The saga is over.
The Copyright Royalty Board (CRB) today (July 1) upheld its decision to increase the overall fee paid to songwriters in the United States from streaming services between the years 2018 and 2022.
To refresh your memory: In January 2018, songwriters scored a major victory when the CRB ruled that songwriter/publisher royalty rates for streaming and other mechanical uses should increase significantly to United States.
The move centered on an increase in the overall percentage of US streaming service revenue that must legally be paid by Spotify to songwriters.
The CRB has decided to increase this percentage from 10.5% at 15.1% over the five years between 2018 and 2022. This was the largest rate increase in the history of the CRB.
However, Spotify and other companies including Amazon and Google/Alphabet – but NOT Apple – later launched a legal challenge against the new tariffs, arguing they were unjustified.
Today, the CRB issued its final decision – and the rate of 15.1% going nowhere.
The National Music Publishers’ Association (NMPA) lobbied for rate increases in 2018 and subsequently fought against Spotify’s appeal et al.
David Israelite, CEO and President of NMPA, confirmed in the last hour: “Today the [CRB] reaffirmed the 15.1% increase in the overall rate that we have won for four long years [ago]confirming that songwriters need and deserve a significant increase in digital streaming services that profit from their work.
Beyond the headline rate hike, however, the news is mixed for songwriters.
When the CRB originally ruled on its new streaming tariffs in 2018, it decreed that streaming services would either have to pay songwriters the main tariff, or – if that resulted in a higher figure – platforms would pay up to 26.2% their “total content costs” for recordings and editing (see “TCC” below).
Importantly, the CRB also decided in 2018 that this “TCC” figure would be formulated from an “uncapped” amount, meaning that the 26.2% could be taken from an unlimited number (for example, if a service like Spotify had a monumental year in terms of revenue).
Follow Spotify and others appeal, the CRB has now changed its mind, and the TCC is being capped, limiting the payout that songwriters can potentially get from each streaming service.
Additionally, the CRB’s latest definition of streaming packages — covering family plans, telecom deals and other discounts — has reverted to a financially advantageous definition for streaming services.
All that said, the main news tonight is the CRB’s reaffirmed headline rate of 15.1%.
The thing is, it very clearly means one thing:
Streaming services are set to shell out a whole heap of cash to publishers and songwriters to cover the now officially increased CRB rates for the years 2018-2022.
The Digital Media Association (DiMA) is an American trade organization that represents each of the music streaming services that appealed the CRB’s 2018-2022 tariff decision.
In reaction to today’s CRB announcement, DiMA President and CEO Garrett Levin said, “The streaming services thank the judges for their efforts.
“Today’s decision reflects a significant increase in royalties that will be paid to publishers. Work to give effect to these new tariffs will soon begin in earnest.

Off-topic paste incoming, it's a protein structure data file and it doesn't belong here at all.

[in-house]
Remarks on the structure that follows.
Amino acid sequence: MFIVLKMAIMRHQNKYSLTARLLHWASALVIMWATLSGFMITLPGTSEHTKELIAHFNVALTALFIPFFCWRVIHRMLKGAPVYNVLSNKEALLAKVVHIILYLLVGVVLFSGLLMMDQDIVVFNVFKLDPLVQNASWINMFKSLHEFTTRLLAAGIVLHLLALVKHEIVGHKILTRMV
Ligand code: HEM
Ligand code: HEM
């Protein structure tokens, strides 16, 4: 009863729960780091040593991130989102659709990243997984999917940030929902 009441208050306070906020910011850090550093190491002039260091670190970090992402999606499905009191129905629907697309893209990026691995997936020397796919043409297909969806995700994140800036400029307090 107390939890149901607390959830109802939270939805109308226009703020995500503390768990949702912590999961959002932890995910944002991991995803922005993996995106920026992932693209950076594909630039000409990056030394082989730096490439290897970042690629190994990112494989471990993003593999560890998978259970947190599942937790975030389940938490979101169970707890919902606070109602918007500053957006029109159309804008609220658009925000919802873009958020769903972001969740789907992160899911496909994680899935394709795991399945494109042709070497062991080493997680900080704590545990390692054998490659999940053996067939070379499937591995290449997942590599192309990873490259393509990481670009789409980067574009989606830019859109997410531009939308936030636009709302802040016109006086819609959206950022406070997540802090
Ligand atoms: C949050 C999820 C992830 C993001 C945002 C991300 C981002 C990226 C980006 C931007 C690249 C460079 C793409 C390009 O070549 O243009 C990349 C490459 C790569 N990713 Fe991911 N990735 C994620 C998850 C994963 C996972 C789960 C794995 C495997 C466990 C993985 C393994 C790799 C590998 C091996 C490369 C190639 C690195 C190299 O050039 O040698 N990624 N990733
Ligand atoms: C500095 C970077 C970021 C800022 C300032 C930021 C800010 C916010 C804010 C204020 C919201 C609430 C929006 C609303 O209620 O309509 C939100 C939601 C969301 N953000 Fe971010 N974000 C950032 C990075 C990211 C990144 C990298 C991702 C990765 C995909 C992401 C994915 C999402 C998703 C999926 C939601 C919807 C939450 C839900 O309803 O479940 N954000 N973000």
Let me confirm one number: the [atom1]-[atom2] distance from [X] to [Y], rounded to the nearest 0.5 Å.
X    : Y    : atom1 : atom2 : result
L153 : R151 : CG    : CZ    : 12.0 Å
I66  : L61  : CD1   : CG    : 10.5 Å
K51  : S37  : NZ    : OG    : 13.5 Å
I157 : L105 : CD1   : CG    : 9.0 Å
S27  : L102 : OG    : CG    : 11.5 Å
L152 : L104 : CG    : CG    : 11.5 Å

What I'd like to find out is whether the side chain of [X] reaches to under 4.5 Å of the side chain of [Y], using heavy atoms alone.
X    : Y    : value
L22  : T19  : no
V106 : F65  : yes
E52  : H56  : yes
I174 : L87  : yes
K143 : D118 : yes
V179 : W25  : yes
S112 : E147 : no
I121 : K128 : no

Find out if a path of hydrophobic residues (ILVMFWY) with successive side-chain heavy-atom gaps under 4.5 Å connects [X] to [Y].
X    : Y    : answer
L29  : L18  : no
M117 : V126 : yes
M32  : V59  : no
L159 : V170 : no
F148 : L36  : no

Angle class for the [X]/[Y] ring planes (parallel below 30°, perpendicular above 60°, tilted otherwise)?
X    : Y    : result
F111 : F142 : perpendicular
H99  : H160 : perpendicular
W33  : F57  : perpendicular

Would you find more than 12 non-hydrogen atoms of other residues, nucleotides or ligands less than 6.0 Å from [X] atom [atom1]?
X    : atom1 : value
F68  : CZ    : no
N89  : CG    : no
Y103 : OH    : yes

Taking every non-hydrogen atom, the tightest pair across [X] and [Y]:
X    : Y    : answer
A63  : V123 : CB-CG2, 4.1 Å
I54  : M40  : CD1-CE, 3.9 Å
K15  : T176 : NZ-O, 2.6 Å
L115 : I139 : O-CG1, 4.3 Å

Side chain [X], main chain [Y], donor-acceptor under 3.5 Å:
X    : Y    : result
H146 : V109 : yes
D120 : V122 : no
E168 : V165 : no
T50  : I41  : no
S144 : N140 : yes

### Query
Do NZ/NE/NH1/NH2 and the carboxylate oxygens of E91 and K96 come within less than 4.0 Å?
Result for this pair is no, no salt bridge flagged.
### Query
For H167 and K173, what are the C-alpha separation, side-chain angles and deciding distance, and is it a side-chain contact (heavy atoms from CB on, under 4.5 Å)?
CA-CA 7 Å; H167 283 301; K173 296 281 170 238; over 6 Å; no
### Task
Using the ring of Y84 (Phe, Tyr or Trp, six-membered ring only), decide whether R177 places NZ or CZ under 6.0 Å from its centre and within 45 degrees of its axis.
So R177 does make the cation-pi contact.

“Streaming services are committed to working with MLC and music publishing companies to facilitate accurate distribution of royalties.”
[A moment of pause, songwriters, for those sweet, sweet words: “Today’s decision reflects a significant increase in the royalties that will be paid to publishers.” And now we continue with the rest of Mr Levin’s comments.]
“This procedure is also a reminder that rate-setting does not – and cannot – happen in a vacuum. Today’s decision comes as the three major label groups – which operate the three largest the world’s largest music publishers – continue to carve out the lion’s share of industry profits while recording steady double-digit revenue growth from streaming.
“Looking forward, streaming services believe it’s time for all stakeholders – labels, publishers, writers, artists and services – to engage in in-depth discussions to determine the right balance of royalty sharing to the future.”
The 2018-2022 songwriter pricing procedure was disputed by the NMPA (on the publishers’ side) and the streaming services in a legal showdown known as “CRB III”.
All eyes now turn to ‘CRB IV’: the yet-to-be-started process in earnest that will determine what songwriters in the United States will be paid by streaming services in the years between 2023 and 2027.
David Israelite of the NMPA added today, “We will be fighting to increase the TCC, or percentage of label revenue, which is equivalent to an insurance policy for songwriters, in the upcoming CRB and we will be fighting also for stricter conditions regarding bundles.”
Reacting to the conclusion of the CRB III procedure, following the streaming services’ appeal, Israelite said: “This process has been long and costly and while we are relieved at the outcome, years of litigation to maintain a tariff increases that we spent years fighting for are a broken system.
“Now songwriters and music publishers can finally be cured and receive the legitimate royalty rates from streaming services that they should have received years ago. We will ensure that the Services promptly reimburse copyright owners as required by law.
“We appreciate the hard work of Pryor-Cashman to achieve this outcome and the voices of all songwriters and publishers who have supported this mission. As an industry, we move forward united as we push for even fairer rates in the next CRB starting this fall.The music industry around the world